Thursday, December 3, 2015

The Lost World (Doyle) Book Review

by The World Weary

Author: Arthur Conan Doyle
Publisher: Hodder and Stoughton
Genre: Fantasy
Series: Standalone
Pages: 176

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There Are Heroisms All Round Us

Sir Arthur Conan Doyle’s The Lost World is a fun adventure through a dinosaur infested land. The characters are colorful and interesting and the story is exciting, but sometimes the book suffers from it’s main character’s need to explain everything.

Michael Crichton owes Sir Arthur Conan Doyle a lot. Without Doyle’s original journey into a prehistoric preservation we may never have had Jurassic Park or Crichton’s The Lost World. As it stands, The Lost World is an engaging but quick read, that was one of the first times that made us dream of a world where ancient beasts could still exist.

The book follows a young Irish journalist, Edward Malone, as he tries to gain the affections of the ever aloof Gladys Hungerton. The couple meets and Gladys dreamily talks about how she desires an adventurous, bold mate. Malone seemingly possesses none of the qualities that she seeks, so he sets out to find a great quest to impress Gladys. Soon, he meets the rambunctious Professor Challenger, who informs him of a hidden land deep within the Amazon, high on a plateau, where prehistoric monsters and their ecosystem have survived. Challenger plans to lead an expedition to gather proof for his story, and in spite of his strong hatred for the press, he invites Malone. Joining them are Lord John Roxton, a famous hunter and adventurer, and Professor Summerlee, Challenger’s rival.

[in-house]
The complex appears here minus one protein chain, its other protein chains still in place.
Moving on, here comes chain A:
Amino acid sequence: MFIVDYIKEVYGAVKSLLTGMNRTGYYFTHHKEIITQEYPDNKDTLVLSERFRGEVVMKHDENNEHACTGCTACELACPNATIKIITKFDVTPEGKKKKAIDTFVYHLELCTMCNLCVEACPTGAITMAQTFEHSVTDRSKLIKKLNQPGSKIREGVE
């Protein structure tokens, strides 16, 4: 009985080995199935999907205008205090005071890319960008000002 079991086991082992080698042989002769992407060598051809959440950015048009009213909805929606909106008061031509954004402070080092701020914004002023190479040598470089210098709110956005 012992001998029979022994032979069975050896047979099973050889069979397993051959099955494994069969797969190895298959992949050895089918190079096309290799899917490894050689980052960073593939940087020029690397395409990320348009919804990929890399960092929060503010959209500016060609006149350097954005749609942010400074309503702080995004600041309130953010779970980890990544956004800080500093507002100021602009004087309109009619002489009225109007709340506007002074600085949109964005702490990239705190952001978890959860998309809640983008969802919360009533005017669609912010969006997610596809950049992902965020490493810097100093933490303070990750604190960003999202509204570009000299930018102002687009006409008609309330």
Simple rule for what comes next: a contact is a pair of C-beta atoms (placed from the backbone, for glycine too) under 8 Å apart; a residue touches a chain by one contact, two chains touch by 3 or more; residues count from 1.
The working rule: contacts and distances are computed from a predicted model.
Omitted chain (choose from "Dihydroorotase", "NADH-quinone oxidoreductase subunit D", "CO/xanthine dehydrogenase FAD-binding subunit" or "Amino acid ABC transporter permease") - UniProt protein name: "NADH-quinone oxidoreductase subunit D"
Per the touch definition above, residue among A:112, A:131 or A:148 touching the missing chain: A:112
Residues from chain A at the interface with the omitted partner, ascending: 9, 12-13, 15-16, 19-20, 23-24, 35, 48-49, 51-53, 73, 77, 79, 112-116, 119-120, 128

The first thing that will strike you about this book is the strong characterization. Professor Challenger is one of the most hilarious characters I’ve ever come across in a book. Doyle perfectly writes his giant, self obsessed, maniac, and every time Challenger was on the page I couldn’t help but crack a smile. Challenger eventually became so popular that Doyle included him in his other series and stories, many times even Sherlock Holmes worked with the Professor. The interactions between Summerlee and Challenger are ridiculous (especially if you pull yourself out of the context of the time and think in terms of modern science) as well as hilarious. All of the secondary characters are fully realized creations that help bring the book to life.

Unfortunately, Malone isn’t a very compelling character. This is mostly because the book is written as if it were some of his journals and correspondence between him and his editor (think Dracula). His motivation also didn’t ring true to me. It’s clear that Gladys never really wants anything to do with him, so his decision to go on the expedition in her name just disconnects you from the story. The way that Doyle tries to build the tension in some of the chapters also falls flat. He usually has Malone preface his letters with a short summary of what terrible event occurred before he goes on to recount the day’s events from beginning to end. Sometimes this robs the story of it’s excitement when you reach a passage that begins with a, “and now I shall finally recount those horrible moments,” or some such.

The Lost World is a fun read. Between the great supporting characters and the excitement inherent from a story that has dinosaurs in it, it truly is a classic of the fantasy adventure genre. A few poor choices in terms of storytelling and a flat protagonist do detract from the overall experience, but in spite of these minor shortcomings you’ll still have a great time reading The Lost World.

Score: 8.5

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